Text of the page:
The post-election examination of the state of society in the United States is going strong a month after the election itself. The role of the national media, established press outlets, and new media continues to get a lot of attention, especially in the context of claims about the rise of “fake news” and its affects on the decisions of voters.
The claims about “fake news” center on engagement with articles and websites, often through social media such as Facebook and Twitter. The most serious charge is that the Russian government initiated a concerted effort to spread misleading information in order to 1) sway the election to Donald Trump, 2) undermine American confidence in its political processes and institutions, or 3) both.
The Washington Post made a substantial contribution to the claim in an article by Craig Timberg. Ironically enough, the Post article itself was quickly criticized for demonstrating the very characteristics of the sort of “fake news” that it was supposedly intended to expose. The situation added to a wider concern about the reputation of the media.
It was widely perceived during the campaign that the established press organizations had abandoned their perceived role as neutral providers of news in favor of promoting Hillary Clinton, or at least defeating Donald Trump. Much campaign coverage had begun to be transparently designed to avoid hurting Clinton’s campaign and to maximize damage to Trump’s. For a substantial portion of the population, this only served to undermine confidence in the truth of reporting. In other words, the reduction in credibility led to many people wondering if the reporting of the established media outlets was to that extent “fake news.”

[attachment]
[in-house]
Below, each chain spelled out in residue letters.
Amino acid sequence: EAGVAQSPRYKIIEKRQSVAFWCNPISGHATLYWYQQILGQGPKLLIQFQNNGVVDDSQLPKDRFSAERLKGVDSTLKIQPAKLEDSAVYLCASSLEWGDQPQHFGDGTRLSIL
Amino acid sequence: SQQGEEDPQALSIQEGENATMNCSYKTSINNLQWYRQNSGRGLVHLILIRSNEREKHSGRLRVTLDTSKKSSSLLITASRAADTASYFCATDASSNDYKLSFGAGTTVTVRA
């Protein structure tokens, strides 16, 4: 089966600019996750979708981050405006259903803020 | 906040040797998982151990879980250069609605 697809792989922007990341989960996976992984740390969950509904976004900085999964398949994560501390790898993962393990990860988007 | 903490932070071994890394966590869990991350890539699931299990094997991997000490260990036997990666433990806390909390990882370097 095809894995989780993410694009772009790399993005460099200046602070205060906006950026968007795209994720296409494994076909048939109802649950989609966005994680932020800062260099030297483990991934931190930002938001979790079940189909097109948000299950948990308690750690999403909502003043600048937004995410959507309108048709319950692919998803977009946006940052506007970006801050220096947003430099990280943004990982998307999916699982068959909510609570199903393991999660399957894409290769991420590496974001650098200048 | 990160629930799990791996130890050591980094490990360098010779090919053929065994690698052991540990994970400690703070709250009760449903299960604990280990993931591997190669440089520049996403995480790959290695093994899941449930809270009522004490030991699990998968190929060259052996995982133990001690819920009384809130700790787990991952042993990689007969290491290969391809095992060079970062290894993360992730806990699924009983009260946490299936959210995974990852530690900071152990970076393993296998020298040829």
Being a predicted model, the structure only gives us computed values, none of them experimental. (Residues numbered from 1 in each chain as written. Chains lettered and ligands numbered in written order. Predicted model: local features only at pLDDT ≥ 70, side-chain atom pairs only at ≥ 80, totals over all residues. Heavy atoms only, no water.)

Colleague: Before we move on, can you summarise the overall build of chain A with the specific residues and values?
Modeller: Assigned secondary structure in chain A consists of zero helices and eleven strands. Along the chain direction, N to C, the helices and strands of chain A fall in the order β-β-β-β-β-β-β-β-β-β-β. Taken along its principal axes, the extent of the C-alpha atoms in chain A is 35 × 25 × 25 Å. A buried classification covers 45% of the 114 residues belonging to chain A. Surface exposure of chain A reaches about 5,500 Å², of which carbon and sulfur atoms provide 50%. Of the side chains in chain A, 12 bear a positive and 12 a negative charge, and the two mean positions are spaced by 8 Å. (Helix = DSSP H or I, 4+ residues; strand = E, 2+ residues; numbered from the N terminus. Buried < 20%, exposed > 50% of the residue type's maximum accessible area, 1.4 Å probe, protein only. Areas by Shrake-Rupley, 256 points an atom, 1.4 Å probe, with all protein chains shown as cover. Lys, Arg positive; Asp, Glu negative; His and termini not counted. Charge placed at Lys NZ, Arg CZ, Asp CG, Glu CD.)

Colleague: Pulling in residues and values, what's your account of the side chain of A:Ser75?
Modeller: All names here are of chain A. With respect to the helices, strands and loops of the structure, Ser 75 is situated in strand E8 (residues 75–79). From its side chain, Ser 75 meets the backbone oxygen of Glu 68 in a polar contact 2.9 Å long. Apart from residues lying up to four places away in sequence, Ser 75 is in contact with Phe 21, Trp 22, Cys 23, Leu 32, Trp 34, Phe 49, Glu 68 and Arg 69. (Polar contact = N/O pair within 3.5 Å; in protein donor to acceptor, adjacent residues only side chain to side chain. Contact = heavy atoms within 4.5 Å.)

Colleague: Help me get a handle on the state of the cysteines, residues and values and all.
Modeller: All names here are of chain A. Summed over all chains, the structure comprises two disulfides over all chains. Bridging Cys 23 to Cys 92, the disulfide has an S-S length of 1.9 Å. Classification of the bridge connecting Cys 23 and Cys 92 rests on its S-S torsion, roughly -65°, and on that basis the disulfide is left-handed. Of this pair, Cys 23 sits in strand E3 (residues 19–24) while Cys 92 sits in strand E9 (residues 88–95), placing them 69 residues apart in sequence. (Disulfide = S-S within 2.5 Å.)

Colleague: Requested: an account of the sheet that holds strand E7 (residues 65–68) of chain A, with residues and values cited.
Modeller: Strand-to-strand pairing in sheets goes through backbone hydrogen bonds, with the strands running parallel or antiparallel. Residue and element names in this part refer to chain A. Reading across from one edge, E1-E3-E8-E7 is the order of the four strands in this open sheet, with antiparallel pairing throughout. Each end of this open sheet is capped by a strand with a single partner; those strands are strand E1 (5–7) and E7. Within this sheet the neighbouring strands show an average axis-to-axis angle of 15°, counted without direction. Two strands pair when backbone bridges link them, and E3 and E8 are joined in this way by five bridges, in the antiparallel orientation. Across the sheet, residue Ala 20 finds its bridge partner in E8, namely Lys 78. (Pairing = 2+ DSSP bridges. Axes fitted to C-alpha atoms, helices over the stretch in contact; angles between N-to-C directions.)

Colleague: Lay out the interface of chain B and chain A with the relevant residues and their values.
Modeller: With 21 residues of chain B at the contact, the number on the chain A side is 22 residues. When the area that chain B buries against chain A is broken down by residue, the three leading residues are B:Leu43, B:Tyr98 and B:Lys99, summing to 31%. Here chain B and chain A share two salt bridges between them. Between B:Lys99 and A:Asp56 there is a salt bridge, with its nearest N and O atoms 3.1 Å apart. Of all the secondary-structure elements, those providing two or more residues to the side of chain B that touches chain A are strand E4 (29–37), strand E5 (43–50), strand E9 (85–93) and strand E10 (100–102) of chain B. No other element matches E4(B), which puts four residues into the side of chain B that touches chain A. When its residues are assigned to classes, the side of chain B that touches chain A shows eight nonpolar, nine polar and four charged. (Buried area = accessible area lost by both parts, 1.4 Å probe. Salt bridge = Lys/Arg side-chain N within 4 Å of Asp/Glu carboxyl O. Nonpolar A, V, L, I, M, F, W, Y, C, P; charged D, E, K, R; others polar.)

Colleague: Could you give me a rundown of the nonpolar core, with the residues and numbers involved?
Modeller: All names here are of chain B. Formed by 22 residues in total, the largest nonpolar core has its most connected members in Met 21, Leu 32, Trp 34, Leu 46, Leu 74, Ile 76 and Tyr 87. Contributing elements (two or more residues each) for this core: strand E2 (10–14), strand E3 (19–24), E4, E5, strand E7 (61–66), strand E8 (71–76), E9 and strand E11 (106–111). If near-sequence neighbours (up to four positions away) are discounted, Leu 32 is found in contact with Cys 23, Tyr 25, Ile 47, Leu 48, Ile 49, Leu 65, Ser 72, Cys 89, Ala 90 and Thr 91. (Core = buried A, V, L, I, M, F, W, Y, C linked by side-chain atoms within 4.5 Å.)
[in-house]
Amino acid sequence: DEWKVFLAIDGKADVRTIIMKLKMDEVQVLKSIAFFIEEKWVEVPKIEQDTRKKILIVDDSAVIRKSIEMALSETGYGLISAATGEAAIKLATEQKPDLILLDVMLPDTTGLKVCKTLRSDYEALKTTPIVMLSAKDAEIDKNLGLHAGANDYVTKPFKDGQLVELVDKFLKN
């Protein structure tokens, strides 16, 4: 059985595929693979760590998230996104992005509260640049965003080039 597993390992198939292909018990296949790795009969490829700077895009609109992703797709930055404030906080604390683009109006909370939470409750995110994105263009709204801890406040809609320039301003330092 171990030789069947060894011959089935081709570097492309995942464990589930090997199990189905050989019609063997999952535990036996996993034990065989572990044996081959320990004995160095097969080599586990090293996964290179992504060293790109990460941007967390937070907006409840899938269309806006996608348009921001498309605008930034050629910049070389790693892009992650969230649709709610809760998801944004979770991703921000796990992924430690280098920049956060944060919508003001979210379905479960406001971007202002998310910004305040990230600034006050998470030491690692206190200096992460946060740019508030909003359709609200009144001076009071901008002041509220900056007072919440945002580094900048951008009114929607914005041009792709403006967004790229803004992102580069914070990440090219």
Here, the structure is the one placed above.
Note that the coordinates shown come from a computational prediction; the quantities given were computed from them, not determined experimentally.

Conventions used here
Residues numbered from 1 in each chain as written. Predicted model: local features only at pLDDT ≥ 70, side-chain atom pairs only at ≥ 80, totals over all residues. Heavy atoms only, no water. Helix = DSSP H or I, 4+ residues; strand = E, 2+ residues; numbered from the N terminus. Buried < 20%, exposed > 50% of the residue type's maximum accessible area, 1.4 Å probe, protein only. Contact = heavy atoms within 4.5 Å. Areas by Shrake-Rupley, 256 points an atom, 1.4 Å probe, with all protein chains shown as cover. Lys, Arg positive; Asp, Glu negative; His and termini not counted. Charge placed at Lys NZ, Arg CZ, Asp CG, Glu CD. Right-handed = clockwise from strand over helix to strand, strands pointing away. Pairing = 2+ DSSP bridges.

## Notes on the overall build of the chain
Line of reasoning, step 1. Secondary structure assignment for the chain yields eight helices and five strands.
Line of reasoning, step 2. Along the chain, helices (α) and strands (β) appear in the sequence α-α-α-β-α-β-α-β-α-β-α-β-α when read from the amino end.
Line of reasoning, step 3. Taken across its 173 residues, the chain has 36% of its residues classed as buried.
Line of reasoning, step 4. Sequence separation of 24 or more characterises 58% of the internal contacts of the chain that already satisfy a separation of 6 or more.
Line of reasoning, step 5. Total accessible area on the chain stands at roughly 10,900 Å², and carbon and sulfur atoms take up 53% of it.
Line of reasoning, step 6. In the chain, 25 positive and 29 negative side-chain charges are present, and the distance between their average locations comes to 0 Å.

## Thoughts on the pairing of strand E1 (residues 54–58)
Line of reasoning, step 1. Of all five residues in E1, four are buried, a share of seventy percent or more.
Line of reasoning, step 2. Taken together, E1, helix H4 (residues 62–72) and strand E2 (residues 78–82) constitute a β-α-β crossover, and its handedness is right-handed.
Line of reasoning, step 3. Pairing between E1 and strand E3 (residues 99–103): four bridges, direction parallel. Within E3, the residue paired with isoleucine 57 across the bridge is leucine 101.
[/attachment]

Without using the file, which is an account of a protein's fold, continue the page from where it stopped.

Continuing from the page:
With that perception of the media in place, it’s difficult to condemn other for the practice of purveying fake news. It will be interesting to see over the next several months whether an effort to reestablish a perception of credibility and fairness will be on the agenda for the national media.
Every one of the three major candidates in this election (Trump, Clinton, and Sanders) was hounded by fake or exaggerated news stories. Trump was accused of being a secret Russian agent. Clinton’s email scandal was blown out of all reasonable proportion. And Bernie Sanders was hounded by malicious and unrepresentative stereotypes about “BernieBros.” Yet none of these stories were from fringe blogs and conspiracy sites. They were all produced by the mainstream press, which gave this nonsense primacy over stories about climate change, nuclear proliferation, Syria, health care, poverty, and every other conceivable issue of consequence.
Concerns about fake news are justified. But instead of begging our Silicon Valley overlords to crack down on the free sharing of information, we might start by building a mainstream press that has credibility of its own.